Basically we just get used to the “˜gang’ that are online at similar times to ourselves, saying that I do feel that I miss out sometimes due to the time difference and often feel quite jealous of the Aussie crew – soon to be rectified when I come to Perth next March!

Cyberland is also in many ways a form of escapism. I can almost forget myself in the bright colours of the Expat forum and totally lose track of time as I type, read, laugh and sometimes cry along with posters and their situations.

I remember a short while ago when there was a Lunar eclipse and I was online on the BE site at the time. My husband found it hysterically funny as I would be frantically typing on BE and then every five minutes rushing downstairs to check on the progress of the eclipse where several of us would be updating at the same time on the forum.

When we had the London Bombings, I was touched at how members of the forum would all post to check if any of the members living in London could have been affected and posting messages of support to those like myself that either work or live in London.

Technically though, Ray is right and we are “˜pixel people’ but it is quite amazing how distance or technology does not prevent a show of unity when it counts, nor does the fact that we cannot see each other in person.

I have found the support from this site invaluable for me and I love the way in which we all pull together when it matters – basically the emotions are the same whether or not we are pixel people or otherwise.

For those that “˜don’t get it’, it might seem bizarre to think of us laughing at the screen until we cry or sobbing due to something that we have read and instantly felt a rapport with the poster.

Another thing that I like about cyberland and that is you can be whoever you want to be. It is rather nice to be online and not care how you look or what you are wearing because the only thing that matters is what you write.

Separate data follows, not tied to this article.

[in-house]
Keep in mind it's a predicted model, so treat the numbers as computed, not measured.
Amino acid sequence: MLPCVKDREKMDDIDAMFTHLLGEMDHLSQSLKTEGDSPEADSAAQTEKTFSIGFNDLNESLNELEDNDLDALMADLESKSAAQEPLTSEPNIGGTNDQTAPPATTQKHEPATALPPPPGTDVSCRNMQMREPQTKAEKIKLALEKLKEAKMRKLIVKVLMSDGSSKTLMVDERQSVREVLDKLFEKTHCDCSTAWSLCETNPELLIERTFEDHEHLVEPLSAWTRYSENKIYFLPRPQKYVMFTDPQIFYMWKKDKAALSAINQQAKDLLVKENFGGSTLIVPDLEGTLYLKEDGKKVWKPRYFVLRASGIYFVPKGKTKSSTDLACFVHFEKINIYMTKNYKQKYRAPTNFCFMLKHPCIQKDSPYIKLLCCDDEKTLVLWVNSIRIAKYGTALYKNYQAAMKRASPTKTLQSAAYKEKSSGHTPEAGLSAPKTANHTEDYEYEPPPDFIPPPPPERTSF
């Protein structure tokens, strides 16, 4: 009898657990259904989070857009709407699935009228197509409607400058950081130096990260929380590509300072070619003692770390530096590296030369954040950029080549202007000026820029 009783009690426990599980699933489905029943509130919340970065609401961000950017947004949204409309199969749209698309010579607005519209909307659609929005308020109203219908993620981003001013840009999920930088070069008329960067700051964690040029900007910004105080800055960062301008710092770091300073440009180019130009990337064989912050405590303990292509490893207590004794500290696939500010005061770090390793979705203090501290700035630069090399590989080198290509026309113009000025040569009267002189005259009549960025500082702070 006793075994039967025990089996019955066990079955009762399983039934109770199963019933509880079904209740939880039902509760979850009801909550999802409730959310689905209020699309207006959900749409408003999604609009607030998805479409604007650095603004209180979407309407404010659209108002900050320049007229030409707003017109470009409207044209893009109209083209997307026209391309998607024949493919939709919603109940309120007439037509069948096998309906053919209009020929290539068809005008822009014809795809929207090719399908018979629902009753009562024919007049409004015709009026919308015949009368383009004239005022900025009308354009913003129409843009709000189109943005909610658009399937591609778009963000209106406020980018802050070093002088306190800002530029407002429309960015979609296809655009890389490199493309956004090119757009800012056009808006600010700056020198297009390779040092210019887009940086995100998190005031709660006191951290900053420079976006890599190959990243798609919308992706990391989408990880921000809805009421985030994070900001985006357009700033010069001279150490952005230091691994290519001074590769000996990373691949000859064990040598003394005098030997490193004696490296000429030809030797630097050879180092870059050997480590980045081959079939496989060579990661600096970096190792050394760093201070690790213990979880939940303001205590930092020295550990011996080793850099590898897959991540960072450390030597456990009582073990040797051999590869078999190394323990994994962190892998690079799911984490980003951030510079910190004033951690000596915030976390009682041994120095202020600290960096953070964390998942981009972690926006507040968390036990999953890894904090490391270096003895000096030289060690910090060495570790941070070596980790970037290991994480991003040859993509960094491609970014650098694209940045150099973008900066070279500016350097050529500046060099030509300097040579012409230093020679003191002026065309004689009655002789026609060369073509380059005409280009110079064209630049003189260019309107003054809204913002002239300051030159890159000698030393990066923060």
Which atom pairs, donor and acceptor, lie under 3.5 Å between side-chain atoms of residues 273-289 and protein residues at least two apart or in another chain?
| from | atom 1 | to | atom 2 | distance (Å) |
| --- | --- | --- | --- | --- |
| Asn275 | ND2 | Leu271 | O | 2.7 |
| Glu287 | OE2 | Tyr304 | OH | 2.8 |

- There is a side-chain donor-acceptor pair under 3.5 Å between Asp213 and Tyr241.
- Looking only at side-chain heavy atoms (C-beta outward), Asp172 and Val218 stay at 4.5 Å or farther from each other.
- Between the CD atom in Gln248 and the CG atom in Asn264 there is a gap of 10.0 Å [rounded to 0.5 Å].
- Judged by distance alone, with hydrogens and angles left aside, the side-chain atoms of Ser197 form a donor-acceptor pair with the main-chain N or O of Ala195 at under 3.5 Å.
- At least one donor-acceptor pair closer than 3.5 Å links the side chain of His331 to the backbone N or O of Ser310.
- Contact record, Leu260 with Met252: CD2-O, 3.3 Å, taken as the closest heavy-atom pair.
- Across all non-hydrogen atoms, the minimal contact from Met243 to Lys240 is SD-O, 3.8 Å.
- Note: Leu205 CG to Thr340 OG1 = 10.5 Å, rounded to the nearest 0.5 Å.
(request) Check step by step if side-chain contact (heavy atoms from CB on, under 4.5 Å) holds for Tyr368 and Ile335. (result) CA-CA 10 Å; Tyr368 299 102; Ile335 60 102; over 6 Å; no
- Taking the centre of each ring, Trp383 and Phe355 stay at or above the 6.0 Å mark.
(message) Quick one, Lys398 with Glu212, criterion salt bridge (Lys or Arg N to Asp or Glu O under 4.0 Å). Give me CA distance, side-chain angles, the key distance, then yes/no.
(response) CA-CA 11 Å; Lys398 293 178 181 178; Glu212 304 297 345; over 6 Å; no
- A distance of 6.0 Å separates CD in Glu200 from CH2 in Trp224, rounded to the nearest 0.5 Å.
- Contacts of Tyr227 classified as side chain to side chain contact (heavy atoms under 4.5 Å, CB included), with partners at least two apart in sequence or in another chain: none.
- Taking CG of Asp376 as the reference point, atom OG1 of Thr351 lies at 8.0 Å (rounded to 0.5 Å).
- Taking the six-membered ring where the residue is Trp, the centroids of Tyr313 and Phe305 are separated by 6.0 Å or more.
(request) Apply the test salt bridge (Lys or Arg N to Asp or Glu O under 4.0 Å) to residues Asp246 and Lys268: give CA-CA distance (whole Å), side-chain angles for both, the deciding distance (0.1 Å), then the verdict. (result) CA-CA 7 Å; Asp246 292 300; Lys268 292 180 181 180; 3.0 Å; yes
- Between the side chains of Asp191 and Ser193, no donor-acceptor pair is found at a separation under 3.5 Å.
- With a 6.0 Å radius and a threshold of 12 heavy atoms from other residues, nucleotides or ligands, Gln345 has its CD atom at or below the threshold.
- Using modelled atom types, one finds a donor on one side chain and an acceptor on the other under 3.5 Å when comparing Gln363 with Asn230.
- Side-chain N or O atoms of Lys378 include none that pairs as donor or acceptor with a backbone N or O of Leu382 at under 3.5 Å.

{mosbanner right}It always amuses me when I have gone to meets, I almost expect people to look like their avatars! Take Pollyana for instance, whenever I think of her name I think of her witchy avatar, whenever I think of Lionheart I usually see his head “˜photo shopped’ onto someone else’s body.

There are several BE members that I would love to meet, Leslie, Rushman, Ray, Sue (Admin), Tiddlypom – I could go on but would be here forever. I would like to meet them because I read all their posts and have built up an image in my mind and genuinely feel that these people would be as funny and entertaining in real life as they are in cyberworld.

It is great when you do “˜get it’ though. Once you get through the computer screen (in a manner of speaking), you can just sit back and enjoy the banter, join in or if you wish just have a read at what interests you and if you are anything like me you can sometimes find reality rather cold and hostile.

There are a few blogs that I follow as well and have surprised myself at how much I enjoy the personal insight to their lives. After all writing a blog takes it one step further in what you reveal about yourself and like a good soap opera; one cannot help but get attached to the characters in it.

Basically in my eyes the BE site is a large cyberhouse big enough for everyone. Abide by the rules and you will be fine, if you don’t then the likes of Pollyana and Bob et al will sort you out (in the nicest possible way).

Join in, ask a question, laugh, get angry or cry with other posters – the choice is yours but one thing is for sure, getting lost in this cyberworld really isn’t so bad – in fact it is quite nice.

British Expats – you either “˜get it’ or you don’t.